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Ethel Esenam Klu

The **dimensionality** of a dataset refers to the number of variables and attributes the data possesses.
High input variables datasets can affect the function and performance of the algorithm used. This problem is termed *the curse of dimensionality.*

To avoid this problem, it is necessary to reduce the number of input variables. Reduction of input features manifests in the reduction of dimensions of the feature space. This reduction is termed as **dimensionality reduction**, which refers to techniques that are used to reduce the features or dimensions in a dataset.

The application of dimensionality reduction to a dataset gives the following benefits:

- Less storage space is needed as the dimensions are reduced
- Helps the algorithms function effectively
- Multicollinearity between redundant features is removed
- Visualization of data is much easier with fewer dimensions
- Overfitting of datasets is avoided

Two methods are used when reducing dimensionality, and they are:

**Feature selection**: the number of input variables are reduced in order to predict the target variables. Supervised and unsupervised techniques are the two main types of feature selection techniques. Supervised techniques can be further divided into wrapper, filter and embedded methods. Recursive feature elimination (RFE) is the method used under the wrapper technique. In the filter method, statistical methods are commonly used. The embedded technique makes use of decision trees method.**Feature extraction**: it is the process of extracting data from a complicated dataset to make up a new feature set. In feature extraction, the pre-existing input data has its dimensions reduced and each new variable is a linear or non-linear combination of the original input data. Principal component analysis, linear discriminant analysis (LDA) and ISOmetric feature MAPping (ISOMAP) are techniques used in feature extraction.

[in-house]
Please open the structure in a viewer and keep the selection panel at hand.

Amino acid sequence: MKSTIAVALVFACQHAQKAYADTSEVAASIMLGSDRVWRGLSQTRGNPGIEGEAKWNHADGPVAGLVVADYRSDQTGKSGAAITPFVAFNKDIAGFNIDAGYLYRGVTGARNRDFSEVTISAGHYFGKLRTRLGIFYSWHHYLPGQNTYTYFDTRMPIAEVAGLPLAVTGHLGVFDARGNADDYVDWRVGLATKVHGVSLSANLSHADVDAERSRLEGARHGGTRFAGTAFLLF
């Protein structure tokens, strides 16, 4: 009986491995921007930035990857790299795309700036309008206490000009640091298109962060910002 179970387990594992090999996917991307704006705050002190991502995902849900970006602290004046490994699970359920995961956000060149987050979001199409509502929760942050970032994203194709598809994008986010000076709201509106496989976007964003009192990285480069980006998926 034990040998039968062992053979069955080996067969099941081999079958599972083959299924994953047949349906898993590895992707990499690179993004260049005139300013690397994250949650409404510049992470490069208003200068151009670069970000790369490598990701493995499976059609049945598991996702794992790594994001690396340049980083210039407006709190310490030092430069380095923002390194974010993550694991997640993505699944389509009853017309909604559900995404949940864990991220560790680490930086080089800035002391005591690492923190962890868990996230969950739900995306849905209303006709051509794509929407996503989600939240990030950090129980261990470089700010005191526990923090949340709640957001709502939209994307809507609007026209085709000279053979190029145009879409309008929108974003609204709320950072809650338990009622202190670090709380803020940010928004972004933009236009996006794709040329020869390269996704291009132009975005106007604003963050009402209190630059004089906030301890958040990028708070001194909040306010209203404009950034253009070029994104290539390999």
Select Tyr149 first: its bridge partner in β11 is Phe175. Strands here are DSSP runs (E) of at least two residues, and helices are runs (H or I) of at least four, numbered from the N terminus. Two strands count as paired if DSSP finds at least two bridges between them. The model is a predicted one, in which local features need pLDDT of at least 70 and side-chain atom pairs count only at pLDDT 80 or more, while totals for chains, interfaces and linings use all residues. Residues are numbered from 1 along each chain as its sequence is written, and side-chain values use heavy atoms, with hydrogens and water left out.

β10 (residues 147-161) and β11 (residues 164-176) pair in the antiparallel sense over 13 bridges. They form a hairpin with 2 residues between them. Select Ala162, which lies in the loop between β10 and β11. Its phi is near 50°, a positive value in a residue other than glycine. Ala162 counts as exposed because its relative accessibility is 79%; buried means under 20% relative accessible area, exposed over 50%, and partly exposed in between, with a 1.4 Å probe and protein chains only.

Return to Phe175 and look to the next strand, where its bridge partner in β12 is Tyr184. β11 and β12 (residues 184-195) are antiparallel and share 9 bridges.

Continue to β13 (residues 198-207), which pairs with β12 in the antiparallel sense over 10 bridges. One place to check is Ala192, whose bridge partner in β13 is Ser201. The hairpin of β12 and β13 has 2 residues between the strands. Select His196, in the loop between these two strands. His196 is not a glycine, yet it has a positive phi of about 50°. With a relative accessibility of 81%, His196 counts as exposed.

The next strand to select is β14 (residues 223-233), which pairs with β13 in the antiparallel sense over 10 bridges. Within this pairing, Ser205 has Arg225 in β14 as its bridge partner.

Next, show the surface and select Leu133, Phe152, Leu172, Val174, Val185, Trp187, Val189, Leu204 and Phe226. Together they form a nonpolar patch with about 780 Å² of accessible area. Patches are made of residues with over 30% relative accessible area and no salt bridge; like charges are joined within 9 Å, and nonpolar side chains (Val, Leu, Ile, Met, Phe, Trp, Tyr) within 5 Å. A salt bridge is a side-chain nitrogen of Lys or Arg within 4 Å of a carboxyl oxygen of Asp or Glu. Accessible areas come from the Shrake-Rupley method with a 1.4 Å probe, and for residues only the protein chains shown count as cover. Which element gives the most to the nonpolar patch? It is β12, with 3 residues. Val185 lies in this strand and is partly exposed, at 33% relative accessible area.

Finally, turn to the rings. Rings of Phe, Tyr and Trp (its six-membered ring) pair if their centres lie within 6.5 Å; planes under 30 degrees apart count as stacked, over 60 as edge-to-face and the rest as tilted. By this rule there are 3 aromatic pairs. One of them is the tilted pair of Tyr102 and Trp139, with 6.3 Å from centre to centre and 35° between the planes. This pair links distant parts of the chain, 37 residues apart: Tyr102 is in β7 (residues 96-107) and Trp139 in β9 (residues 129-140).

The following are some techniques of dimensionality reduction as applied in Python.

- Principal Component Analysis
- Missing Value Ratio
- Low Variance Filter
- High Correlation Filter
- Random Forest

**Principal Component Analysis (PCA)** works on the principle of reducing the number of variables of a dataset while maintaining vital information relating to the dataset. Features or variables present in the original set are linearly combined. The resulting features from these combinations are termed **principal components**. The first principal component encapsulates the bulk of the variance present in the dataset. The second principal component takes the majority of the remaining variance in the dataset. This follows suite in the rest of the principal components. The principal components are not mutually related. Principal components are eigenvectors of a data’s covariance matrix. Eigenvectors are linear algebra concepts computed from the covariance matrix, which is a square matrix that calculates the covariance between each pair of elements of the initial variables. Every eigenvector has its corresponding eigenvalue and together, they sum up to the number of dimensions of the data. Eigenvalues are coefficients attached to eigenvectors which indicate the variance of each principal component.

The following are some applications of PCA:

- Data compression
- Time series prediction
- Image processing
- Pattern recognition
- Exploratory data analysis
- Visualization

Advantages | Disadvantages |
---|---|

1. Correlated features are removed | 1. Difficult to interpret independent variables |

2. Algorithm performance is enhanced | 2. Data has to be standardized before PCA is done |

3. Reduces overfitting of data | 3. There might be loss of information |

4. Visualization of data is improved |

Figure 1 represents a figure of two principal components in a dataset:

#importing sklearn library import sklearn #importing dataset from sklearn library import sklearn.datasets as etheldata iris = etheldata.load_iris() from sklearn.decomposition import PCA import matplotlib.pyplot as PCAplot from sklearn.model_selection import train_test_split X, y = etheldata.load_iris(return_X_y=True) #scaling data from sklearn.preprocessing import StandardScaler X_scaler = StandardScaler () .fit_transform (X) X_scaler[:4] pca = PCA(n_components=3) pca.fit(X) X_tran = pca.transform(X) #visualization of output fig, axe = PCAplot.subplots(dpi=400) axe.scatter(X_tran[:, 0], X_tran[:, 1], c=y, marker= 'o') fig.savefig("output/img.png") PCAplot.show(fig)

- Missing Values Ratio: data columns with a ratio of missing values exceeding that of the standard are removed in this method. The rationale is that data columns with many missing values are less likely to contain useful information.
- Low variance filter: in this method, the data columns with a variance lower than a given threshold is removed. The variance is dependent on the column range so normalization is done before the filtering technique.

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